Voter apathy may exist at some schools, but it is certainly not a problem at The University.
Close to 200 students filled the Moskovitz Theater and watched the first presidential debate between candidates Donald Trump and Secretary Hillary Clinton on Monday.
The event was co-hosted by the College Republicans, College Democrats, Cross Cultural Center and Campus Ministries with strong student representation from both political parties.
The debate was an hour and a half and focused primarily on national security and economic issues such as taxes and job growth. For sophomore and Democrat Emily Bluhm, creating new jobs is one of the most important issues in this election.
“I’m going to be out of college in two or three years and if there aren’t any jobs around, then what am I going to do? That’s one of my major concerns, personally,” Bluhm said, adding, “I thought the debate was like any other debate. Basically, two politicians say what they want to do without saying how they are going to do it.”
Carson Clabeaux, president of the College Republicans, described the debate as having “no real surprises.”
“At the end of the day, both candidates need to be more clear and concise and inclusive to the bases they are trying to reach,” Clabeaux said. “I don’t think that’ll happen but that’s what should happen.”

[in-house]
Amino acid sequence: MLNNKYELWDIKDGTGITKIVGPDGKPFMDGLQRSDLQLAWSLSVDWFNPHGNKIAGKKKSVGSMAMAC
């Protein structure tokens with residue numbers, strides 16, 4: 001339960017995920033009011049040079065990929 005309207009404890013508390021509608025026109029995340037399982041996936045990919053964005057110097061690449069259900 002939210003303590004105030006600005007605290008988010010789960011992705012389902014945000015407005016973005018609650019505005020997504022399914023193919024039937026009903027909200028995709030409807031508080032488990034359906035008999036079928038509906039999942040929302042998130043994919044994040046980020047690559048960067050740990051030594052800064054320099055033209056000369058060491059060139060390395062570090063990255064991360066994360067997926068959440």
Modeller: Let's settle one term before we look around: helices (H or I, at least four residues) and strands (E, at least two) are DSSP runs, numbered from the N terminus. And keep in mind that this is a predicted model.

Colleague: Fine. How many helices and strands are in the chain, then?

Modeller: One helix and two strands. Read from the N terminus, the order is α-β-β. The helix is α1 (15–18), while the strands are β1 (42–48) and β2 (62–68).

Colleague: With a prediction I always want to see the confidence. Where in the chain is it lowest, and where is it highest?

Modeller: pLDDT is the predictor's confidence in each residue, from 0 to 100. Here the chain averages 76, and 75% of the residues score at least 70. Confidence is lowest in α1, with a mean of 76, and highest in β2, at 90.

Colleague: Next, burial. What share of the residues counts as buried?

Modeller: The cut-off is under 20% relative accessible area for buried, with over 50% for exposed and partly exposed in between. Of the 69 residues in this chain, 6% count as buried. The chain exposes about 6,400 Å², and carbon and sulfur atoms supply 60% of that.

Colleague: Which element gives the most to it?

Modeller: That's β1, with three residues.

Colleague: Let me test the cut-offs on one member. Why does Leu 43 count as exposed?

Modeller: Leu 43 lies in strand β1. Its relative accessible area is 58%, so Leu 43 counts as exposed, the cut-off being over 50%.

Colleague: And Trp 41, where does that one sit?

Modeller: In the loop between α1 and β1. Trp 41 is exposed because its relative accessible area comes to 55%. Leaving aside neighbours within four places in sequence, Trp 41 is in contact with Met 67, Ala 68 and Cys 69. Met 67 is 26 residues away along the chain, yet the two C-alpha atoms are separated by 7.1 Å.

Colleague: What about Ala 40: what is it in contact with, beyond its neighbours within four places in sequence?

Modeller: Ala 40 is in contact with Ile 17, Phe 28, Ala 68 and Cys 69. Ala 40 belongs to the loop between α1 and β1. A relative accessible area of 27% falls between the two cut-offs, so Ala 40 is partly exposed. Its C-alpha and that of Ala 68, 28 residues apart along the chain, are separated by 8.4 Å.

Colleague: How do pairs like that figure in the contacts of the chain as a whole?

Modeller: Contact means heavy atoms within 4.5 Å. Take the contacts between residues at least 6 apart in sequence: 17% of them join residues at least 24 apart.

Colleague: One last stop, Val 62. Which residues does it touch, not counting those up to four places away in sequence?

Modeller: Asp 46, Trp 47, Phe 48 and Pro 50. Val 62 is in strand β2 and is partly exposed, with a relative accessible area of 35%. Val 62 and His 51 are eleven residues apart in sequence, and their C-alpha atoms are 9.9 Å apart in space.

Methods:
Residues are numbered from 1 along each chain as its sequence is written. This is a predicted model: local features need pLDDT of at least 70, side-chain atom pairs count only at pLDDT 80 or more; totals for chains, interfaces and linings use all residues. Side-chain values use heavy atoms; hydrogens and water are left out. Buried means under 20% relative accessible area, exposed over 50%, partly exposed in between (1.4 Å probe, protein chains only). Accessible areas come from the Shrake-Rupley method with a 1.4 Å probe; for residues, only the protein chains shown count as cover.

Carson joined the College Republicans as a first-year student in 2013.
“There were about eight members back then. Our current active list is over 50 members,” Clabeaux said. “I joined because it aligned with my viewpoints, but furthermore it acted as a vessel for me to grow and to guide my own thought process.”
Sophomore Farrah Wakefield referred to the debate as an “insult contest.” She feels that ISIS and cyber security are two of this election’s biggest issues, along with the economy.
“I personally like Trump’s platform,” Wakefield, a registered Republican, said. “One of the things I specifically like about him is his policy on abortion. Current Republicans are completely pro-life. He would change it so that it would be legal in cases of rape and if the mother’s life is in jeopardy and I support that.”
However, Trump and Clinton are arguably two of the most unpopular
candidates in American history.
“I think Hilary Clinton is very involved in this election and that makes me a little bit nervous,” Bluhm said. “I have a feeling of uneasiness for the entire election.”
Zackary Tamimi, a senior and a registered Democrat, describes Clinton as “the lesser of two evils.” Tamimi is a political science major at The University, a member of NextGen Climate and a former member of the Bernie Sanders campaign.
He sees college as an environment where he can discuss politics with other people and “actually do something about it, rather than just practice in theory,” he said. Tamimi encourages students to get involved in the political process.
“If you don’t, your voice will not be heard and you will have to live with the consequences,” he said.
The next debate is on Sunday, Oct. 9. Students are encouraged to watch the remaining two debates so that the decision they make in November will be an informed one.